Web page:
Social media giant Facebook announced the launch of OpenCellular, the company’s latest attempt at bringing the Internet to everyone. According to Facebook, more than four billion of the world’s population is still not connected to the Internet and 10 percent of the world lives outside the range of network coverage.
Facebook has an enviable user base of over 1.6 billion people. While that is an achievement in its own right, the company has to keep asking itself “what next?” In order to bring in new users, the company plans to target the ‘Internet virgins’, as this is the only way the company can grow. The number of users has saturated in many developed countries such as US and UK, hence Facebook is looking for new ways to bring more people online from developing markets like India and Africa.
Today, Facebook is expanding this work with the launch of OpenCellular, a new open-source hardware and software project that aims to bring a more affordable wireless access platform to remote areas.
Mark Zuckerberg shared images on his profile of a shoebox-sized device that contained the hardware needed to set up a local, wireless network.
“OpenCellular is the next step on our journey to provide better, more affordable connectivity to bring the world closer together,” he wrote.
“One of the reasons the expansion of cellular networks has stalled is that the ecosystem is constrained,” Facebook engineer Kashif Ali writes. “Traditional cellular infrastructure can be very expensive, making it difficult for operators to deploy it everywhere and for smaller organizations or individuals to solve hyperlocal connectivity challenges. It’s often unaffordable for them to attempt to extend network access in both rural and developed communities.”
He said the hardware – which would eventually be made open-source, along with OpenCellular’s software – was capable of working with a wide range of common network standards, such as 2G, LTE, and wi-fi.
Mr. Ali also said the design is currently being tested at Facebook’s headquarters in Menlo Park, California. So far, the team had been able to use the device to send and receive text messages, make voice calls and access basic data connections.
Facebook have implemented an access platform that can support a wide variety of wireless network standards, from 2G and LTE to Wi-Fi access points. Anyone can customize the platform to meet their connectivity needs and set up the network of their choosing, in both rural and urban areas. For instance, the system, due to its onboard computing and storage capacity, can be configured as network-in-a-box or purely as a cellular access point.
The first design of the access platform.
The basic design principles are:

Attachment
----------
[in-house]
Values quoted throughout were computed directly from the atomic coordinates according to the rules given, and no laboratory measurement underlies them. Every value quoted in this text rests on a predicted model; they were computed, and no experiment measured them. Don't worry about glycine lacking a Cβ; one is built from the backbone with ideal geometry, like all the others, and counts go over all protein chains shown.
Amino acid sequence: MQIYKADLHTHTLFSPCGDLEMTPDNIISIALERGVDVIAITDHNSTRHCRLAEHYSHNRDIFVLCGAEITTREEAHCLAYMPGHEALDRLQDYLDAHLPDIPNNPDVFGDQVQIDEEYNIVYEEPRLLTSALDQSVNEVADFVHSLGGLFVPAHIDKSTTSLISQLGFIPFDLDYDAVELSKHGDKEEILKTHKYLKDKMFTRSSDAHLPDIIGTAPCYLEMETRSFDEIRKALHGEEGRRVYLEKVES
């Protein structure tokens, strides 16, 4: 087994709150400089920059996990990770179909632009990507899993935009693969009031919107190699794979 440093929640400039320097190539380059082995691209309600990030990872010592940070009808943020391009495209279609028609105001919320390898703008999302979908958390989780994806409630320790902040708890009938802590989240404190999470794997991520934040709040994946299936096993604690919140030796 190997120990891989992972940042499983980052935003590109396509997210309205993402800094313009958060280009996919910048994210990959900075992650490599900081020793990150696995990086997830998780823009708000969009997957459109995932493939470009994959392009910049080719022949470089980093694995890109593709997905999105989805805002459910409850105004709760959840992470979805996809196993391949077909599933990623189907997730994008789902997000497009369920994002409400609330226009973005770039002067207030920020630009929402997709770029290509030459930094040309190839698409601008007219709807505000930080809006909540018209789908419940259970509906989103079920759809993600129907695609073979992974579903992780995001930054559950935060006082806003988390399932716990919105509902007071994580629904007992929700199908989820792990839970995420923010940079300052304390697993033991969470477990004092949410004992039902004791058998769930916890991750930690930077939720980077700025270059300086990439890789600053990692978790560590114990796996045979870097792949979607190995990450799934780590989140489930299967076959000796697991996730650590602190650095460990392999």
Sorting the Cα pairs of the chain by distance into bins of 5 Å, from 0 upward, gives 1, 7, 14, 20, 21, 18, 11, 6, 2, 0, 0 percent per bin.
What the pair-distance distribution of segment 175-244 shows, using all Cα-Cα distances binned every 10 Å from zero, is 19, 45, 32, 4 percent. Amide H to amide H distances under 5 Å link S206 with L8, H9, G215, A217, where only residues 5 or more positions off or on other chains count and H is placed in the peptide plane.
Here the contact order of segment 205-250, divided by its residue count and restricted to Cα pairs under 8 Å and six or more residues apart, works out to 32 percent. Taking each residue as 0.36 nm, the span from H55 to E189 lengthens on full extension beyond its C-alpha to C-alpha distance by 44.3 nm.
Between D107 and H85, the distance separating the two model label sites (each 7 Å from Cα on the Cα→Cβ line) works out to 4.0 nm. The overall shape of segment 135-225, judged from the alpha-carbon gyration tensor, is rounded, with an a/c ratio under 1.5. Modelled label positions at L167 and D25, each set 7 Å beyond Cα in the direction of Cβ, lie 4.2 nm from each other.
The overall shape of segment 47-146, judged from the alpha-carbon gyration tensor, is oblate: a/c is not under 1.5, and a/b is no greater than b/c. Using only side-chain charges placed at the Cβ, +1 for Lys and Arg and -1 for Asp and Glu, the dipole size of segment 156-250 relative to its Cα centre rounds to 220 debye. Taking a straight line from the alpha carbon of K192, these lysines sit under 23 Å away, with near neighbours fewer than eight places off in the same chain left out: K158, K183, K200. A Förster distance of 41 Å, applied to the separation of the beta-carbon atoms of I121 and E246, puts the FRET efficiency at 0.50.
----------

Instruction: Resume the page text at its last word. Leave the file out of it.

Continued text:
- Modular design — enabling various existing and forthcoming cellular and wireless standards
- Scalable solution for various population densities — for communities as small as a few hundred people
- Low CAPEX and OPEX — enabling a broader range of business models
- Simplified installation and support — minimize operational and support costs
- Maximize existing and locally available infrastructure (pole, backhaul, power) — minimize civil costs
- Localized manufacturing and lightweight supply chain — enable new OEM and support existing operators
A view of the connectors for power, data, and antenna.
The hardware was designed with simplicity in mind, to encourage people to deploy their own cellular networks. Many people might not realize that running their own cellular networks is not only possible but also doesn’t require substantial technical expertise.
Hardware elements :
Facebook wanted the hardware elements (electronic and RF) to be widely available, inexpensive, power-efficient and produced from local resources if possible. The platform consists of two subsystems:
- General-baseband computing (GBC): The GBC further consists of power, housekeeping microcontroller, microprocessor, timing/sync module, sensors, and control mechanism. The system is designed to take in various input power sources: PoE (power-over-ethernet), solar, DC, and external batteries (seal lead acid) and internal battery (lithium-ion). The system also has numerous sensors that monitor things like temperature, voltage, and current.
- Radio with integrated front-end: On the radio subsystem, we have multiple options based on a software-defined radio (SDR) or system on chip (SoC). The SDR and SoC versions support various open source and commercial cellular stacks. The system supports two configurations: as a full network-in-a-box when the daughter card is combined with the GBC board; and alternatively as an access point, when the daughter card is operating alone (only the SoC version supports this configuration).
High-level block diagram of the system :